"Our knowledge in all these enquiries reaches very little farther than our experience."
The research he refers to includes all of natural science and his belief in our limitations derives from his strict definition of knowledge. Certainty for Locke is only achieved if we can predict with absolute certitude that B will follow from A. If not, we are left with opinion or belief.
Locke's theory of power is that the natural power of each person forms the political power and that government is a social pact. He has a similar position to Hobbes on government believing that society gives up part of its natural power to governors in exchange for better protection. However governments which break the pact should be replaced and in fact society has a moral duty to revolt against governments which do not benefit their people. This social pact was based on God's gift of reason and so proper government is fulfilment of the divine purpose of moral order.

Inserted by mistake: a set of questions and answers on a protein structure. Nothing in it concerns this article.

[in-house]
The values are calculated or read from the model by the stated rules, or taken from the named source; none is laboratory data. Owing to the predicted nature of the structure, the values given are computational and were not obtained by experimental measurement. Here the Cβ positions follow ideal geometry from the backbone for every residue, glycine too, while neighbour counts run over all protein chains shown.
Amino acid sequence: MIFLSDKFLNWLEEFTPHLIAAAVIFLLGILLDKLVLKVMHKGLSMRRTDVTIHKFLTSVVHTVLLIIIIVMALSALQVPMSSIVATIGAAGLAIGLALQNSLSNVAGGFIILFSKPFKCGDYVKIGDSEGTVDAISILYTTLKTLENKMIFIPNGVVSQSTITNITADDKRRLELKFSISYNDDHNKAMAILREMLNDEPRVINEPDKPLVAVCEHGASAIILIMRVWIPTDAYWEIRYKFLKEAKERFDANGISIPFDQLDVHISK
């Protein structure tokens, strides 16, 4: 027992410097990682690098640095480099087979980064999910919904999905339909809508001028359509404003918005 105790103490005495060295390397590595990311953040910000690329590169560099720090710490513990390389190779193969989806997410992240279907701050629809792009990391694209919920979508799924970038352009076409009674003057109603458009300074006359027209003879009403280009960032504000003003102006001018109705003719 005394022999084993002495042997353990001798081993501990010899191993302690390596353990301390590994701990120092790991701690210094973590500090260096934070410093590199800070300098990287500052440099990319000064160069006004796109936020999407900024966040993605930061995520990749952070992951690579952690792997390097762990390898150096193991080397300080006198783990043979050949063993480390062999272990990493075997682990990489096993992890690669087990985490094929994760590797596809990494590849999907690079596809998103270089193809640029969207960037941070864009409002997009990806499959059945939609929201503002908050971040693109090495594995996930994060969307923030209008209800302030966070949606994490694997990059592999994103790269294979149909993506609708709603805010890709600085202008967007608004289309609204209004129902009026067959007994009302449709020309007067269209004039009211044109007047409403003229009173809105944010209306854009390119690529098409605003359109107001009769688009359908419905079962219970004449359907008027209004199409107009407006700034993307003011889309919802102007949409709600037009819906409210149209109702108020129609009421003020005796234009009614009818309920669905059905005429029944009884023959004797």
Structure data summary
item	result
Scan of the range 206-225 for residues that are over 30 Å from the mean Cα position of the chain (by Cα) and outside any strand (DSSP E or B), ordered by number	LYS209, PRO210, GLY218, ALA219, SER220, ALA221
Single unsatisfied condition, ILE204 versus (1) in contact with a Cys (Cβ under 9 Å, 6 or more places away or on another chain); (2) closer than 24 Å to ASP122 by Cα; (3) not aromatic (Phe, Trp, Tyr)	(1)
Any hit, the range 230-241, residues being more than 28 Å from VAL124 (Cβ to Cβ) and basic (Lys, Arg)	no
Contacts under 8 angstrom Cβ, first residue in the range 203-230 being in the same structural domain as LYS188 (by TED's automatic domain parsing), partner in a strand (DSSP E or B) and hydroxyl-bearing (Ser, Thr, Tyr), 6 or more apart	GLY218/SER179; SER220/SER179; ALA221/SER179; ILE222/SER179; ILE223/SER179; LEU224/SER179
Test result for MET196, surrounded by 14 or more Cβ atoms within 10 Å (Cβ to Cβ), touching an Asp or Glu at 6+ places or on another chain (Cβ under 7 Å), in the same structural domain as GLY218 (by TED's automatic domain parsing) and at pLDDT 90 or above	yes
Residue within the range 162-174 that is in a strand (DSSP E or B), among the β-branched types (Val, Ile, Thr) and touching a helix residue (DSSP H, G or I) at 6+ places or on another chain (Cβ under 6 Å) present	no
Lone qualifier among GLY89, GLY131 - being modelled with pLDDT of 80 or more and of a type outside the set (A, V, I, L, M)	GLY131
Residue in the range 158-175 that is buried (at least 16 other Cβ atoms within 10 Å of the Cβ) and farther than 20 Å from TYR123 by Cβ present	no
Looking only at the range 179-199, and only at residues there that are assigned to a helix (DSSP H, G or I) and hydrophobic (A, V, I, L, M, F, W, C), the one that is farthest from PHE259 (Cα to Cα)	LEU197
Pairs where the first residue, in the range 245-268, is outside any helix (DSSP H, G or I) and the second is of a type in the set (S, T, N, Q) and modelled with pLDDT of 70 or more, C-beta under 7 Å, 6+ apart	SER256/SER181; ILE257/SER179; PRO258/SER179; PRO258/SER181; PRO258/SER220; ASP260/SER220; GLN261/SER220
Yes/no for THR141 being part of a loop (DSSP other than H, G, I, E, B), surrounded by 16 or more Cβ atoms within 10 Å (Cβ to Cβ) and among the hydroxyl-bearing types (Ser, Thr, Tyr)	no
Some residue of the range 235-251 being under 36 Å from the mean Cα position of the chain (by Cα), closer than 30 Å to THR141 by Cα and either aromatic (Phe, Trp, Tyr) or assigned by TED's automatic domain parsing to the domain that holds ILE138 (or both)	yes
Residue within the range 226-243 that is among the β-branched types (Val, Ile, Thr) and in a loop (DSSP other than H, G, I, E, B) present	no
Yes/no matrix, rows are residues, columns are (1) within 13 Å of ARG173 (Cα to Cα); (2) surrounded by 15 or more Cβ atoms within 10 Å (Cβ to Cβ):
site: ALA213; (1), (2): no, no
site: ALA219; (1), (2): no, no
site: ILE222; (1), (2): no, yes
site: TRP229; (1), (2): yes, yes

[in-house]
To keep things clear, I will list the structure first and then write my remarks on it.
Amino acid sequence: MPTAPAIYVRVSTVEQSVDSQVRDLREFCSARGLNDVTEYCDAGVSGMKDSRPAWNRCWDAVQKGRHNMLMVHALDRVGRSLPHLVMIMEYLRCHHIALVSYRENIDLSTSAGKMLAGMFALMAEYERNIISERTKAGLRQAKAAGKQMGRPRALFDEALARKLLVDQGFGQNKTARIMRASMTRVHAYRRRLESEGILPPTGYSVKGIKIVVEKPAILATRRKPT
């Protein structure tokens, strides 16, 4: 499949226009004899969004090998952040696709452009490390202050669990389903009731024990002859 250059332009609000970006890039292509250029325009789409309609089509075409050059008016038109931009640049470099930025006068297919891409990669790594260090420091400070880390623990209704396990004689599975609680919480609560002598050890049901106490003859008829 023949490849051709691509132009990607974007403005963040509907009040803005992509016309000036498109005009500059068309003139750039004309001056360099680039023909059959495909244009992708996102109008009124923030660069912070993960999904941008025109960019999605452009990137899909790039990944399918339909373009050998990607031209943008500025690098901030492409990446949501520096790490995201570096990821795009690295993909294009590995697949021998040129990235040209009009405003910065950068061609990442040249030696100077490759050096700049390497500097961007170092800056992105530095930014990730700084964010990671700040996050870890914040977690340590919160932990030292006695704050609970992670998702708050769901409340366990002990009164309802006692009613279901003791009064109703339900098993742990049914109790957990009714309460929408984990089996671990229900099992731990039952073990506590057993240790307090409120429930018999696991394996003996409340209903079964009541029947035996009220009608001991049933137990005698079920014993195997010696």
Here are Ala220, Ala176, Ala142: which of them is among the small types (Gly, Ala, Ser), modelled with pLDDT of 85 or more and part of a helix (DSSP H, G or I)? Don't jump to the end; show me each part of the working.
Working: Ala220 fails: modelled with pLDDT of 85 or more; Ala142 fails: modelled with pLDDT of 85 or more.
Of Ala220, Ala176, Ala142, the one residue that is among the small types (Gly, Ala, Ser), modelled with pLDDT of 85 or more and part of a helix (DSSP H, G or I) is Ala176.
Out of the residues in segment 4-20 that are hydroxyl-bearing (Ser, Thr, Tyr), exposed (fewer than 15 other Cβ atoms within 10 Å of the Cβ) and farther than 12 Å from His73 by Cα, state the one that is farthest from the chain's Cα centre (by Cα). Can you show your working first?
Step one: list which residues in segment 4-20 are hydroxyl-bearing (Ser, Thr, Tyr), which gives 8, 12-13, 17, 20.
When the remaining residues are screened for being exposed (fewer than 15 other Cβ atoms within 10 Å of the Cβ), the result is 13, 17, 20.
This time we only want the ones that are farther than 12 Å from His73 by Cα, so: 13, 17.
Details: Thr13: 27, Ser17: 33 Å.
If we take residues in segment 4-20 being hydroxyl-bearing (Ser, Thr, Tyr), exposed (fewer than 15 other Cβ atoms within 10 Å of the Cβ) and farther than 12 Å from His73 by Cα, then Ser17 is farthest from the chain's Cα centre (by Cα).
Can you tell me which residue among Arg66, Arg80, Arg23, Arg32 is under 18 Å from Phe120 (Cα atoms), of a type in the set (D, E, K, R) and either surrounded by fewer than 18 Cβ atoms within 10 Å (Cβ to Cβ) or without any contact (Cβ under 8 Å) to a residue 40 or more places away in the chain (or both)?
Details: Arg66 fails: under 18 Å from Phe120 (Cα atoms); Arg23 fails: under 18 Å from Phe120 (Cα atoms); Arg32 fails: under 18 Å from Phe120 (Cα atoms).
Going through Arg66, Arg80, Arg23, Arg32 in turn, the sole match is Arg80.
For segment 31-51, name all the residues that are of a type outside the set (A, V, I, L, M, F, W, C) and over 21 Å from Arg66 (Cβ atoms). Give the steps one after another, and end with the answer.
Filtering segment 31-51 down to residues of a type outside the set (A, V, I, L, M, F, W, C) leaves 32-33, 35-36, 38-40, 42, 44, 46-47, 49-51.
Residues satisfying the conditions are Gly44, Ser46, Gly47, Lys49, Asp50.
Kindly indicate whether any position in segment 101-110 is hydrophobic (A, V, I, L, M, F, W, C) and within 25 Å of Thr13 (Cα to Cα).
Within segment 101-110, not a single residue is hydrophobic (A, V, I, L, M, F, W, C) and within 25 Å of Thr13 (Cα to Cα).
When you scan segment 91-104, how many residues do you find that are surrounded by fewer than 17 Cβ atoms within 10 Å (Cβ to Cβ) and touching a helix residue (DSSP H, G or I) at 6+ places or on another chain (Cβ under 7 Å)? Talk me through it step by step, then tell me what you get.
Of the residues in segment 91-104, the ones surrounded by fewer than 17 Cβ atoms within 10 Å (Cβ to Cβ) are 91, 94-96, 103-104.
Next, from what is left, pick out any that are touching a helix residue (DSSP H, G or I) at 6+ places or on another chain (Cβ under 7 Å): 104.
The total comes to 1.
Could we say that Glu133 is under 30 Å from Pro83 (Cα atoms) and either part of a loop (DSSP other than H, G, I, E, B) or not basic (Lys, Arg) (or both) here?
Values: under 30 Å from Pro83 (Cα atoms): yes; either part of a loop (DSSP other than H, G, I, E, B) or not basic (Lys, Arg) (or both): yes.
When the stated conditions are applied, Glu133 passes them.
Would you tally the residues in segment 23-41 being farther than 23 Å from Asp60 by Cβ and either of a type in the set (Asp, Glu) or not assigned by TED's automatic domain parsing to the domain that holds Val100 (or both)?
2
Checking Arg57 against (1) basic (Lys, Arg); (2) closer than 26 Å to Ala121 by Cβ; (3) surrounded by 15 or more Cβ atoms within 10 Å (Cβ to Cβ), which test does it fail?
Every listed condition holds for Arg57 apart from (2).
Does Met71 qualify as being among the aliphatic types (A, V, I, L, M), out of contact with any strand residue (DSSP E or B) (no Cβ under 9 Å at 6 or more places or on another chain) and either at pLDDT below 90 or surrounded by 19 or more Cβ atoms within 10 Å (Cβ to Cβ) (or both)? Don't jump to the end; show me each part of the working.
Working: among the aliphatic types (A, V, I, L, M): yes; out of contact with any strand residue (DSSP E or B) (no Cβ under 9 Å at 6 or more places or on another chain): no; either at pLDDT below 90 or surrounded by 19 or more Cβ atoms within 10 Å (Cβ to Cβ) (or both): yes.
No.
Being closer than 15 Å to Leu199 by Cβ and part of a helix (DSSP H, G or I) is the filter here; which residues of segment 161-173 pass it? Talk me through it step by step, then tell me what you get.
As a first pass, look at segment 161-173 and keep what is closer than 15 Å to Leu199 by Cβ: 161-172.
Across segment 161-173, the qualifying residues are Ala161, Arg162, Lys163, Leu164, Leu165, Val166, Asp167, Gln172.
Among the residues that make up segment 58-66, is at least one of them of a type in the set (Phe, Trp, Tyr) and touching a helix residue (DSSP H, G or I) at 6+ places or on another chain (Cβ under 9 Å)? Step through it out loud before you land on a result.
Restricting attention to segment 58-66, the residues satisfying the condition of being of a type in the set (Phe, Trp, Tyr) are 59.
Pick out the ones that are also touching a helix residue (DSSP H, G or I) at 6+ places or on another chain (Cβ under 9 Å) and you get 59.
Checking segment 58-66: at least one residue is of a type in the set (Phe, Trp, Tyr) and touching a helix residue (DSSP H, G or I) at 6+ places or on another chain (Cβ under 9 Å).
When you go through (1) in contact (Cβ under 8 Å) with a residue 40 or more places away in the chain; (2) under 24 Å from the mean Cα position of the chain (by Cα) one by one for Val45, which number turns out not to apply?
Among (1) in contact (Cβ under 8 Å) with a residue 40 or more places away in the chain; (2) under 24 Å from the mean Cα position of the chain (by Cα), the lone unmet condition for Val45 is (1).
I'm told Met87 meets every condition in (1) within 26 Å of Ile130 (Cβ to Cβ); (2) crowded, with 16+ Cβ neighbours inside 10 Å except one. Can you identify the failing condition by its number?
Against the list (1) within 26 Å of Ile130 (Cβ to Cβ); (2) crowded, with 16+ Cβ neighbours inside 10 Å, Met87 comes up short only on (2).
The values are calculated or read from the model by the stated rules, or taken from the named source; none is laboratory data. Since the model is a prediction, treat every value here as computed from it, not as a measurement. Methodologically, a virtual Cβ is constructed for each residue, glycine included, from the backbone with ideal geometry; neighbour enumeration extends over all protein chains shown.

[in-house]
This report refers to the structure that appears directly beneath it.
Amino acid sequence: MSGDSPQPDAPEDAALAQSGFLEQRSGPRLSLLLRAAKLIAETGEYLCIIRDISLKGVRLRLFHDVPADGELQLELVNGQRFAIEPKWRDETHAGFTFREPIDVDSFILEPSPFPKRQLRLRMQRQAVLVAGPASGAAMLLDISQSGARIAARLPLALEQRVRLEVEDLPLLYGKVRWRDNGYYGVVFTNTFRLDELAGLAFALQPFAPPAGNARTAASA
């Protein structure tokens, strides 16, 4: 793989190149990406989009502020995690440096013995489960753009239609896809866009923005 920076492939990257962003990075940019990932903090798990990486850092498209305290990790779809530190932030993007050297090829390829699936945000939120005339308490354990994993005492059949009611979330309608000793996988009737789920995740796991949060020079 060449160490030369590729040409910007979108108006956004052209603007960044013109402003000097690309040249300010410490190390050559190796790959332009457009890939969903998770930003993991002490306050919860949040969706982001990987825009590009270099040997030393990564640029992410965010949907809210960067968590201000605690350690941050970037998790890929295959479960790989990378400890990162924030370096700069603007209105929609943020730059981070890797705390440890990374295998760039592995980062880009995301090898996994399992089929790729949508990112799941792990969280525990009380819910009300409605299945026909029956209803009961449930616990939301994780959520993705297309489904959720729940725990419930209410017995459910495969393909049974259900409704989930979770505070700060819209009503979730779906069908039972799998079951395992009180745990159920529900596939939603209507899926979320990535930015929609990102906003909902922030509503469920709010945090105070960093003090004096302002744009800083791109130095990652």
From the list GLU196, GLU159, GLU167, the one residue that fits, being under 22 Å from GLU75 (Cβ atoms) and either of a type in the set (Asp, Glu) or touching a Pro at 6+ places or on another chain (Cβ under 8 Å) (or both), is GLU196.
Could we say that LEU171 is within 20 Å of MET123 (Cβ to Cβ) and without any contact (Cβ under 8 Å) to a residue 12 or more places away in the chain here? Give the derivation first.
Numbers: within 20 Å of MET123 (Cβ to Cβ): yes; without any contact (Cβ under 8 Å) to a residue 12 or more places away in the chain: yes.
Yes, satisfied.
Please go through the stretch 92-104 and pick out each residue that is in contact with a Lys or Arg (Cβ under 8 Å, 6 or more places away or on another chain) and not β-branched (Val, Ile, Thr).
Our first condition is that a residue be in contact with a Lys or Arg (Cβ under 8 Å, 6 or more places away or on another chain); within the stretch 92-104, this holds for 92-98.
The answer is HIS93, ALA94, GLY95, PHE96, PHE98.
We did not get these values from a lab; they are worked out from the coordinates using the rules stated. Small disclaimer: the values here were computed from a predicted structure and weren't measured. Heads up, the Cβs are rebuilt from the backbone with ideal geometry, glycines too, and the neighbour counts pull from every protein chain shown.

Theory of Knowledge
For Locke we come to know through experience. At birth our minds are tabula rasa and we fill our minds through experience using the five senses. Knowledge comes from the connection of our ideas which implies that we make models of the world but do not know it. We only know our ideas. Even though we have limited knowledge some things are certain. We know of our own existence, intuitively, though we can't know the essence of our souls. We also know that God exists though we cannot fully grasp the divine essence. We also know that our ideas come from realities since we know them through experience.
Locke argues that God's gift of reason is to help us in searching for truth. Nobody is better able to discover truth than another so politicians have no right to impose their beliefs. Subjects should not follow their governments blindly since that would be a surrender of their reason and so violate natural law (God's law).